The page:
As of 2018, Amazon has grown its share of online and overall retail to 49 percent and 5 percent, respectively, according to eMarketer. The company has accomplished this by being the fastest, most effective user of customer data to improve the shopping experience. Consumers have made clear through their shifting purchase behaviors that they reward the companies that personalize their experiences, use data to make the shopping process easier and faster and provide content and information that enhances their journey.
Retailers that have met shifting consumer expectations by activating data have thrived, whether they're previously established ones like Apple, Sephora and Ikea or recent upstarts such as Warby Parker, Casper and Monica + Andy.
While we are on the cusp of a new era of data-powered retail experiences, consumer backlash has been mounting against the expansive collection and leveraging of their data. The most noteworthy examples of this has been the volume of complaints against Facebook (and to a lesser extent Google) about how it has monetized our data for their own gain.
Similarly, as more details about the power of location tracking have come to light, consumers are increasingly uneasy about how this data is collected and sold to brands to target them. And governments are acting as well, most significantly with the General Data Protection Regulation (GDPR) in the European Union and the soon-to-be-implemented California Consumer Privacy Act (CCPA). As these feelings—and regulations—spread across a wider portion of the population, retailers will need to adapt the types of data they rely on to enhance experiences.
At DAC, we see immense value in the power of activating local data without running afoul of breaching customers' privacy or their creepiness sensors. Here are a few types of data that we leverage:
- Search data: Search Query Reports and Google Trends data provide insight into how consumers are looking for brands and products. They shed light on the increasing volume of "OK Google" voice searches on mobile and home devices that trend toward long-tail queries, especially those that lean toward localization.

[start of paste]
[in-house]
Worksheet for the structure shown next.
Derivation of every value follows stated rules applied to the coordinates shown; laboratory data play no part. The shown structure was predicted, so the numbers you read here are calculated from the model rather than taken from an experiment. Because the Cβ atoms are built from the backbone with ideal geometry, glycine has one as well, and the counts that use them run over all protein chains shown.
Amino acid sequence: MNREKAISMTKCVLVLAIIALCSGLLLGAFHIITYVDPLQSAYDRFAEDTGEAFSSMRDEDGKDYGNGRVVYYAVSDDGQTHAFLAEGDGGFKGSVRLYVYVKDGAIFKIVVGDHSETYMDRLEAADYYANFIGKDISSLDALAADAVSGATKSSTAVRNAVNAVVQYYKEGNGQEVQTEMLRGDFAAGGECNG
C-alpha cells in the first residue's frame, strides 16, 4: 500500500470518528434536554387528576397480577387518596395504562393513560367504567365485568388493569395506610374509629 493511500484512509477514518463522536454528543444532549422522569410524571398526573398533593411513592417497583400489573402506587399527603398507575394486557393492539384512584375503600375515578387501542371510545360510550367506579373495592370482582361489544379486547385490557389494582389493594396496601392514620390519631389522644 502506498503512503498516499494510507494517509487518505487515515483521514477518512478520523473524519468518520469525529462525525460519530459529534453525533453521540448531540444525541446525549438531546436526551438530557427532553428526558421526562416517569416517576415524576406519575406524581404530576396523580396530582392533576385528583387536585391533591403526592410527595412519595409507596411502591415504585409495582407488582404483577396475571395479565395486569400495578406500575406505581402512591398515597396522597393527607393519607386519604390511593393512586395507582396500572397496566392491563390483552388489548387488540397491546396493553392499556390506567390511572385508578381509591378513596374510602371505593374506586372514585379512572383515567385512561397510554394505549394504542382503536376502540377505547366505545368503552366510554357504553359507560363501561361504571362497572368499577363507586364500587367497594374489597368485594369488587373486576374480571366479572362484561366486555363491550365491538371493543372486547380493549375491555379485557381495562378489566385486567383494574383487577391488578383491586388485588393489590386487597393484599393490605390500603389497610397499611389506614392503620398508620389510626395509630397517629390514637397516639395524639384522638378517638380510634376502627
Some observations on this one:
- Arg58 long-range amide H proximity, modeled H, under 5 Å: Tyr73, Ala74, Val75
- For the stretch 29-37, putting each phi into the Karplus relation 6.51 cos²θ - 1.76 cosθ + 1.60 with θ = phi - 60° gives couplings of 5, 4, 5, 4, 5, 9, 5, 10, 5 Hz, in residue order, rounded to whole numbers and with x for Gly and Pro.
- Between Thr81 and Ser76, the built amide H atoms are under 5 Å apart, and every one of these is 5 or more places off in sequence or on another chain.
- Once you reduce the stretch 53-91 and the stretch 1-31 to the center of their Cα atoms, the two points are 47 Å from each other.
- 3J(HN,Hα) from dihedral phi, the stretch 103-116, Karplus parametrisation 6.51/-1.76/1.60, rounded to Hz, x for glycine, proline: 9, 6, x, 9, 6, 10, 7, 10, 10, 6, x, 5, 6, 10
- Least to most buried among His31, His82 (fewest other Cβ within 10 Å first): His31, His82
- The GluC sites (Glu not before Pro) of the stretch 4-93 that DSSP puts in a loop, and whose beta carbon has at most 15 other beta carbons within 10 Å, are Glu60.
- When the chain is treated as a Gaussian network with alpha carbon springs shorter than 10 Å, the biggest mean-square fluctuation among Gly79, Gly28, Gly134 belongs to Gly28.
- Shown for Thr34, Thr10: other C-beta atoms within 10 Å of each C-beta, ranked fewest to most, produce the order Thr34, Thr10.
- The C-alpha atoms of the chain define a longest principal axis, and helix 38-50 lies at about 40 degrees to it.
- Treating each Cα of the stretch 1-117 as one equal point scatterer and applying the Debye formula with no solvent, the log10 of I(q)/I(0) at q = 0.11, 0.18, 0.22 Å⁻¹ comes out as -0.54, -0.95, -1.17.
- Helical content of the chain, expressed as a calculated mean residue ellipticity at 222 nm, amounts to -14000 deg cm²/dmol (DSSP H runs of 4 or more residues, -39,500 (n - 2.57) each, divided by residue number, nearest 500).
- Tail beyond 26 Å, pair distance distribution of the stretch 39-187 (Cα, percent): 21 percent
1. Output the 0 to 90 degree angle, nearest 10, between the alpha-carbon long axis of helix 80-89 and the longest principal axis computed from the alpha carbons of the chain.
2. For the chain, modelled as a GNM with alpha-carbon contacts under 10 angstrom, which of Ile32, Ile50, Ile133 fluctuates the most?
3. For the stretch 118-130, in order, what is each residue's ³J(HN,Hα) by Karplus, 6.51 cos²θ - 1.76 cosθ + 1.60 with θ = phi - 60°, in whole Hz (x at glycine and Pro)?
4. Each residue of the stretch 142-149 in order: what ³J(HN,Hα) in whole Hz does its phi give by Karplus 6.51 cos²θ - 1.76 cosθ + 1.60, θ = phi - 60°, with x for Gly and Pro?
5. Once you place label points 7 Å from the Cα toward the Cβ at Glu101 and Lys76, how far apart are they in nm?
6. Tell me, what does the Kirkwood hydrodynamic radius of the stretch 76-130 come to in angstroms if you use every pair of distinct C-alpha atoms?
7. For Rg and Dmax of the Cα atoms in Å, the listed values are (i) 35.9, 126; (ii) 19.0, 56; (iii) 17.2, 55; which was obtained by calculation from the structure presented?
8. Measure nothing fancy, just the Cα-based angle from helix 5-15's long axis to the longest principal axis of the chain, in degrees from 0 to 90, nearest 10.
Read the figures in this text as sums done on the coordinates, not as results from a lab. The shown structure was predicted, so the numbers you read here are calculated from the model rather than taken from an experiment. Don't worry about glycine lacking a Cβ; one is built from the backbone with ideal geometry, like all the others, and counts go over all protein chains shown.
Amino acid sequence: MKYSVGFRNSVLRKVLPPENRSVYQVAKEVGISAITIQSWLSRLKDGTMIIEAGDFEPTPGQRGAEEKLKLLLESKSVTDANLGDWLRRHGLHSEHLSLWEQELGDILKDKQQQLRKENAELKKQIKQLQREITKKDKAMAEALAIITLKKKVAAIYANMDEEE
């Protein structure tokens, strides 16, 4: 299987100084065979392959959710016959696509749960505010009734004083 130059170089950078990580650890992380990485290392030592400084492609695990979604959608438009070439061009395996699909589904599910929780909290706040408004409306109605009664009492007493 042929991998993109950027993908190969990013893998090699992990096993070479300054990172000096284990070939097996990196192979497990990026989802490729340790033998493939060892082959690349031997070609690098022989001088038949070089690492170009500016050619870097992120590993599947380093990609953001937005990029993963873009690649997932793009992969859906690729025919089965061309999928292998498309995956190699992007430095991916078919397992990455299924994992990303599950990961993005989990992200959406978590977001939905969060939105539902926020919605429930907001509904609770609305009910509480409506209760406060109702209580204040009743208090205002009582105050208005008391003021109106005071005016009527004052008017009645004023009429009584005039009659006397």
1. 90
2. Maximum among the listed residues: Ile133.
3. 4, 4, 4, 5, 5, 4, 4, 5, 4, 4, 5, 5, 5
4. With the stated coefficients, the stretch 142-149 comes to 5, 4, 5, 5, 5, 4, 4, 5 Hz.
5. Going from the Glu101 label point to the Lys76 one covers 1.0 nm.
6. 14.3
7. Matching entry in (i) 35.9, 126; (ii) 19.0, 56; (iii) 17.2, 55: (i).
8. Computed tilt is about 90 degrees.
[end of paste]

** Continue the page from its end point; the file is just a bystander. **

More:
- Social data: Most native social media analytics as well as third-party social monitoring tools provide geographic data about how users in different locations react to and engage with your brand and content.
- Web and marketing analytics: Enterprise analytics platforms provide location insights about how users interact and convert with your content and digital advertising.
- Sales data: Aggregate e-commerce and in-store sales data provide a wealth of insight into how purchase behavior, product and style preferences vary by geography.
- CRM data: First-party customer data tells you where your current customers are. When combined with third-party data like census data, this can identify under- and over-represented areas.
Some of the ways this data can be activated include:
- Paid search and shopping: Geo-target paid search, product listing ads and local inventory ads based on the products and styles that have high demand in the local market will lead to greater return on ad spend. Leverage location extensions and use ad copy to drive customers to nearby locations to facilitate cross-channel shopping outcomes.
- Social and display: Boosting the kind of content that is sure to engage a key local market will increase engagement and reach in social channels. Geo-fence display and mobile campaigns based on drive-time analysis and customer density to increase efficiency.
- SEO/on-site content: With Google's organic search algorithm and results page changes, not to mention the growth of mobile and voice search, increased value is placed on locally relevant content. Create on-page articles, images, videos and tools based on local sales insights (e.g., top style trends in Chicago) to bring more users to your site earlier in their purchase journey.
- Influencers and off-site content: Activate influencers with followings in local target markets. Focus on content that will resonate with each market to create mutually beneficial relationships that build reach.
The impact of leveraging and activating local data to drive multichannel retail outcomes is striking. As experienced by DAC retail clients like Bridgestone, Vera Bradley and Wickes, in-store conversion improved by more than 60 percent, online revenue by more than 30 percent and return on investment by more than 25 percent.
Utilizing local data and executing these tactics will give brands a greater understanding of how consumers behave and of how to create better shopping experiences for them—without violating users' privacy or exploiting their personal data. Just as important, following such a strategy will put brands in the strongest position to fight the Amazon effect.